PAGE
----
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Re: Dirac Delta Function: Basics
*To*: mathgroup at smc.vnet.net
*Subject*: [mg75185] Re: Dirac Delta Function: Basics
*From*: dimitris <dimmechan at yahoo.com>
*Date*: Fri, 20 Apr 2007 00:31:19 -0400 (EDT)
*References*: <f07a53$4ci$1@smc.vnet.net>
Some important things to know:
Currently, there are two distributions built into Mathematica:
DiracDelta and UnitStep.
In[28]:=
(Information[#1, LongForm -> False] & ) /@ {UnitStep, DiracDelta};
"UnitStep[x] represents the unit step function, equal to 0 for x < 0
and 1 for x =E2=89=A5 0. UnitStep[x1, x2, ... ] represents the
multidimensional unit step function which is 1 only if none of the xi
are negative."
"DiracDelta[x] represents the Dirac delta function =CE=B4(x).
DiracDelta[x1, x2, ... ] represents the multidimensional Dirac delta
unction =CE=B4(x1, x2, =E2=80=A6)."
Both of them, like all generalized functions, are defined for real
arguments only.
In[33]:=
({DiracDelta[#1], UnitStep[#1]} & ) /@ {1, -5/3, 6 + I}
Out[33]=
{{0, 1}, {0, 0}, {DiracDelta[6 + I], UnitStep[6 + I]}}
(*DiracDelta[0] stays uneveluated; it's no infinity*)
Here is a plot of UnitStep[x]
In[39]:=
Show[Block[{$DisplayFunction = Identity}, (Plot[UnitStep[x], {x,
#1[[1]], #1[[2]]}, Axes -> False, Frame -> True] & ) /@
Partition[Range[-2, 2], 2, 1]]]
(*in this way we ommit the buggy vertical line appeared at x=0*)
Obviously the following plot of the DiracDelta (generalized) function
looks quite logical.
In[43]:=
Plot[DiracDelta[x], {x, -2, 2}, Axes -> False, Frame -> True]
That is, the nonnumerical value at x=0 was not detected.
In[44]:=
Cases[%, {(x_)?NumericQ, (y_)?NumericQ} /; -0.002 < x < 0.002,
Infinity]
Out[44]=
{{-0.0019572,0.},{-0.00125518,0.},{-0.000607188,0.},{0.000619756,0.},
{0.00192017,0.}}
There are some identities of these distributions that Mathematica
knows about. But they required the
use of FunctionExpand. So, for example
In[56]:=
FunctionExpand /@ {UnitStep[(x - 1)*(x + 3)*(x - 5)], UnitStep[x]^2,
DiracDelta[x*(x - 1)], UnitStep[-x^4 - 1],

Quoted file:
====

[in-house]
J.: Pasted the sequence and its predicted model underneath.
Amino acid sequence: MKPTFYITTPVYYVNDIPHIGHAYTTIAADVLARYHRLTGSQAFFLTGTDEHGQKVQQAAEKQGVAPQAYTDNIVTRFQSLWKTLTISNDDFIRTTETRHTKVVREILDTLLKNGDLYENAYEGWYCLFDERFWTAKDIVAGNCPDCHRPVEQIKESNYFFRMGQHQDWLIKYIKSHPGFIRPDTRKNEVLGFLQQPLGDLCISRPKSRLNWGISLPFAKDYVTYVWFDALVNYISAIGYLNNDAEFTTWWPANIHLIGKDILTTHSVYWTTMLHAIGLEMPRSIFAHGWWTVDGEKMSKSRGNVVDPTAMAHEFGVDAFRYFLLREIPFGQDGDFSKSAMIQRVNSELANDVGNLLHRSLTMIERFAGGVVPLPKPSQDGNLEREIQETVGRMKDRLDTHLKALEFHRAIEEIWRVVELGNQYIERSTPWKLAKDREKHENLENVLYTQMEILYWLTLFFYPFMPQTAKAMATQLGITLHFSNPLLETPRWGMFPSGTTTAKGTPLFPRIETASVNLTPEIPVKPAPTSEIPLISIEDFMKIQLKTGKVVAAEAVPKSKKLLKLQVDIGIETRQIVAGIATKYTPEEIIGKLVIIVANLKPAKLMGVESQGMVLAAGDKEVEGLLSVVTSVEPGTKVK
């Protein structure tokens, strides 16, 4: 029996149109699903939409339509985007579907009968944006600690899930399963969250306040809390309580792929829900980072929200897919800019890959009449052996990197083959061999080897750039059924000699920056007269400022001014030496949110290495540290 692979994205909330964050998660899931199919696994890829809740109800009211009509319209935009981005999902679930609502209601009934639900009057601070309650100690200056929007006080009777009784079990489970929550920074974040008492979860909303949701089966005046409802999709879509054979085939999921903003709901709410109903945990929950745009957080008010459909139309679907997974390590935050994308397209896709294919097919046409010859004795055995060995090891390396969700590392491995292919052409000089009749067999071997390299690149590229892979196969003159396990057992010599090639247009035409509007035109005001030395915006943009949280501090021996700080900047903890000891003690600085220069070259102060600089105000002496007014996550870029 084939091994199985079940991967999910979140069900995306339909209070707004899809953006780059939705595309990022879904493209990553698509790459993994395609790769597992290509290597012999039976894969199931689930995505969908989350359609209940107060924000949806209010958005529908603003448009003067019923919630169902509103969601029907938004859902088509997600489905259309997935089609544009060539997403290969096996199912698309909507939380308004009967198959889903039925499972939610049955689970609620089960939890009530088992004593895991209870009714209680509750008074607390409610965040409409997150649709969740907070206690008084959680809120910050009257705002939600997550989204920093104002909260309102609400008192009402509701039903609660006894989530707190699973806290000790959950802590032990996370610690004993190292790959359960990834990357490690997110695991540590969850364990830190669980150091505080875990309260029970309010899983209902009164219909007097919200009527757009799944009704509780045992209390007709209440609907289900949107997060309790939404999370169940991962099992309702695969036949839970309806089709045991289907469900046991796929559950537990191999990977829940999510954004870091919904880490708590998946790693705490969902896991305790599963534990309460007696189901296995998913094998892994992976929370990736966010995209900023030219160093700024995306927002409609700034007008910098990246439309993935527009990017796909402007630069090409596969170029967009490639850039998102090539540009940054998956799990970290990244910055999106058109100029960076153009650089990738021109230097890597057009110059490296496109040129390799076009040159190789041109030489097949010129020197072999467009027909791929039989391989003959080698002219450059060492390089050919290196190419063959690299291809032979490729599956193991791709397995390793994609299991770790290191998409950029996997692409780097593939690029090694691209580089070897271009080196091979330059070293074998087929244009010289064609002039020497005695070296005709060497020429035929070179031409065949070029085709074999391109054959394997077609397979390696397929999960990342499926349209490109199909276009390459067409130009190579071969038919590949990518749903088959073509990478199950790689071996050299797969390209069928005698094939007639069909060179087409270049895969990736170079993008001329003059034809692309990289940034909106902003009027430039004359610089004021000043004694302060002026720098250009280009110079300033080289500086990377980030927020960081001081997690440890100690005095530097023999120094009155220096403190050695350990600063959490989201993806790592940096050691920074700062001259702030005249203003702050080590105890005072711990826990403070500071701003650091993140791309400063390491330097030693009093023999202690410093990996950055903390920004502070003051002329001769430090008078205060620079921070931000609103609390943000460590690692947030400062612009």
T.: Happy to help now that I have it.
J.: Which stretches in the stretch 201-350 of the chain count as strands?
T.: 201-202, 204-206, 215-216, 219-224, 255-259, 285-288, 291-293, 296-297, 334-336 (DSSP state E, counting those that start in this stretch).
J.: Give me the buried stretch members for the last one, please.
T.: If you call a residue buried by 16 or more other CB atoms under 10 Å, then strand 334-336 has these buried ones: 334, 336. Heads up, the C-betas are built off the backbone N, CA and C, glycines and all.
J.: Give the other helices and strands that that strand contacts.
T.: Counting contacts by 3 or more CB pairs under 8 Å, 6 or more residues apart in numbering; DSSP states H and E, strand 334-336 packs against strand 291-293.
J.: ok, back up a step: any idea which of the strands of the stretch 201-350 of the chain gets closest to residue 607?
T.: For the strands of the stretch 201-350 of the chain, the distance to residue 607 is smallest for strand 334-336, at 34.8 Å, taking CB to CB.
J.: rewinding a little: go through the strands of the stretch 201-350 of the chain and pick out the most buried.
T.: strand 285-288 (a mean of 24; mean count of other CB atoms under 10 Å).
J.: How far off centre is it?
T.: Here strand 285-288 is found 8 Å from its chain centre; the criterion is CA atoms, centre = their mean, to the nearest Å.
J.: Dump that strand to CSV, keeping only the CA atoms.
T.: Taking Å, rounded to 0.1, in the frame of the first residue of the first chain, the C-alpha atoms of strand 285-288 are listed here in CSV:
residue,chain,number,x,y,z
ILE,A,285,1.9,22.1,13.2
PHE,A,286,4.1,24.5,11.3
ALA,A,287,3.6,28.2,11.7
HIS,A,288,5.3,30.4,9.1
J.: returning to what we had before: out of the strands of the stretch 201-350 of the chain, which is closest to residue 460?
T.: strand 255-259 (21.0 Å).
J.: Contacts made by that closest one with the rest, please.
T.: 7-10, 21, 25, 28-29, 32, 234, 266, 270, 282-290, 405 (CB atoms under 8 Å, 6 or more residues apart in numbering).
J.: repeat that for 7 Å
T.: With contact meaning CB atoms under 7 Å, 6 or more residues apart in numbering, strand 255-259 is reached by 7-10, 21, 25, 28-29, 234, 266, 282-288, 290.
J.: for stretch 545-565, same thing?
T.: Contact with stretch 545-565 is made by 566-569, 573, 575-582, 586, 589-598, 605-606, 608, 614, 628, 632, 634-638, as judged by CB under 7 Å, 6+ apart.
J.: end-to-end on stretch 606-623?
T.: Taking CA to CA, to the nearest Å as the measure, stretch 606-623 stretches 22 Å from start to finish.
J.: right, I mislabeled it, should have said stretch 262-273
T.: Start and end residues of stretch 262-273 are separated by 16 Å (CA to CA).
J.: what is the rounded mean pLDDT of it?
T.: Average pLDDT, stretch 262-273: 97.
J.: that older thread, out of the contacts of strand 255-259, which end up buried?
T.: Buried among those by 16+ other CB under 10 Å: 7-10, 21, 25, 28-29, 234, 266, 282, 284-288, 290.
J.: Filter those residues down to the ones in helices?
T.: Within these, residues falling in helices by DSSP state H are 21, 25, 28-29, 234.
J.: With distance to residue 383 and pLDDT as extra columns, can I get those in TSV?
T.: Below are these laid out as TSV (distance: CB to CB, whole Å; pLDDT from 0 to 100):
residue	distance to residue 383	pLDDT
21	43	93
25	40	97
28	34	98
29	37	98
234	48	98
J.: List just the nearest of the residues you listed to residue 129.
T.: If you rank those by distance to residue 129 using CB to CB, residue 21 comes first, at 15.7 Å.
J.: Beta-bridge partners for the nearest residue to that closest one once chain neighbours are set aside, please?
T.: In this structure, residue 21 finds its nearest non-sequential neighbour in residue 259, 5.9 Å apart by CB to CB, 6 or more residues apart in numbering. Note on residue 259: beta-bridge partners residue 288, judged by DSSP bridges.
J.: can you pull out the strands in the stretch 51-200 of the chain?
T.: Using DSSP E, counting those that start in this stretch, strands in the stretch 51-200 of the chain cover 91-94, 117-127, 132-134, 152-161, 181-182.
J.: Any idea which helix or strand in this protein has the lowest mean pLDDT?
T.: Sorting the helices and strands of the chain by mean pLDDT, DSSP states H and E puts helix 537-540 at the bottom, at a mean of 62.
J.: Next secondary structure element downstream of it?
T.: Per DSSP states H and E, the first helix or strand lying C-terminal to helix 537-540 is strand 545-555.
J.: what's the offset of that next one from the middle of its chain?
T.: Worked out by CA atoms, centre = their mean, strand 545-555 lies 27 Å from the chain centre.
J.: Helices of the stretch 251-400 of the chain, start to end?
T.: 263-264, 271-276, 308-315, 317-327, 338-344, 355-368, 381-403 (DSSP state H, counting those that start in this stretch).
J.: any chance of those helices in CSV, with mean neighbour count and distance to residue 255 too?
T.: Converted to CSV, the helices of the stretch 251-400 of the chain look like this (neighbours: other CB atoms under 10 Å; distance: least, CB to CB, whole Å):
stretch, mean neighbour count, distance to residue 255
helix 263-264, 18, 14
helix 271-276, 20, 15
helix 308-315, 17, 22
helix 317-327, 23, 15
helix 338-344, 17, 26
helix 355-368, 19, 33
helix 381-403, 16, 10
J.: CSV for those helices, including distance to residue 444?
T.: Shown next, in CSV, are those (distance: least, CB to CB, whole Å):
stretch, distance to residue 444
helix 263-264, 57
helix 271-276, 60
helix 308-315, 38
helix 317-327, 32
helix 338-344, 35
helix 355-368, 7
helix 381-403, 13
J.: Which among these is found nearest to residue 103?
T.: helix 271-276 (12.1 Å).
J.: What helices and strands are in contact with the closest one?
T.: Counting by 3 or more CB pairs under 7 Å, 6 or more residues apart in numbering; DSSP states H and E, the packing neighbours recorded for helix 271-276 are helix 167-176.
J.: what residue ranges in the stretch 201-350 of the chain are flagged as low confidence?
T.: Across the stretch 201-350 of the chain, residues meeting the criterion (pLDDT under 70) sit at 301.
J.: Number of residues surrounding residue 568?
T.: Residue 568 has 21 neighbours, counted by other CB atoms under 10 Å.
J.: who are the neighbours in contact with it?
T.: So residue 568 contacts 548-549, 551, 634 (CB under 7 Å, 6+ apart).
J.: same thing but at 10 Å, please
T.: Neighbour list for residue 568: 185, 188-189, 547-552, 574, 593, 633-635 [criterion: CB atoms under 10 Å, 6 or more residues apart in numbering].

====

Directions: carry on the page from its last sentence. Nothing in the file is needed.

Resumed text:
UnitStep[x^4 + 1]}
Out[56]=
{UnitStep[-5 + x] - UnitStep[-1 + x] + UnitStep[3 + x], UnitStep[x],
DiracDelta[-1 + x] + DiracDelta[x], 0, 1}
The generalization to more than one variable is also possible.
The Dirac delta function and the Heaviside function are connected and
Mathematica
knows this relation
In[57]:=
Derivative[1][UnitStep][x]
Derivative[-1][DiracDelta][x]
Out[57]=
DiracDelta[x]
Out[58]=
UnitStep[x]
Integrate and D knows to deal with functions.
In[67]:=
Integrate[Cos[x]/(1 + x^2)^(1/2), {x, 0, Infinity}]
Integrate[(Cos[x]*UnitStep[x])/(1 + x^2)^(1/2), {x, -Infinity,
Infinity}]
Out[67]=
BesselK[0, 1]
Out[68]=
BesselK[0, 1]
In[68]:=
Integrate[UnitStep[Log[x] + 2], {x, 0, 2*Pi}]
Out[68]=
-(1/E^2) + 2*Pi
In[70]:=
Integrate[Log[x]*DiracDelta[x - 3], {x, -2, 5}]
Out[70]=
Log[3]
(*At this point I want to inform you about the presence of the
Integration of Piecewise Functions with Applications
notebook of Maxim Rytin available from here:
http://library.wolfram.com/infocenter/MathSource/5117/
which knows to deal even better that Integrate in relevant cases with
distributions.*)
In[76]:=
(D[UnitStep[x], {x, #1}] & ) /@ Range[4]
Out[76]=
{DiracDelta[x], Derivative[1][DiracDelta][x], Derivative[2][DiracDelta]
[x], Derivative[3][DiracDelta][x]}
Currently only linear functionals are allowed. So the next integral
stays unevaluated.
In[81]:=
Integrate[DiracDelta[x]^2, {x, -Infinity, Infinity}]
Out[81]=
Integrate[DiracDelta[x]^2, {x, -Infinity, Infinity}]
A UnitStep distribution can appear inside NIntegrate.
In[83]:=
Integrate[UnitStep[x^12 - 6], {x, -3, 3}]
{NIntegrate[UnitStep[x^12 - 6], {x, -3, 3}], N[%]}
Out[83]=
6 - 2*6^(1/12)
Out[84]=
{3.6779266552520116, 3.6779266552520116}
For DiracDelta this is not the case.
In[86]:=
NIntegrate[1 + DiracDelta[Exp[x] - 1/2], {x, -1, 1}] (*incorrect*)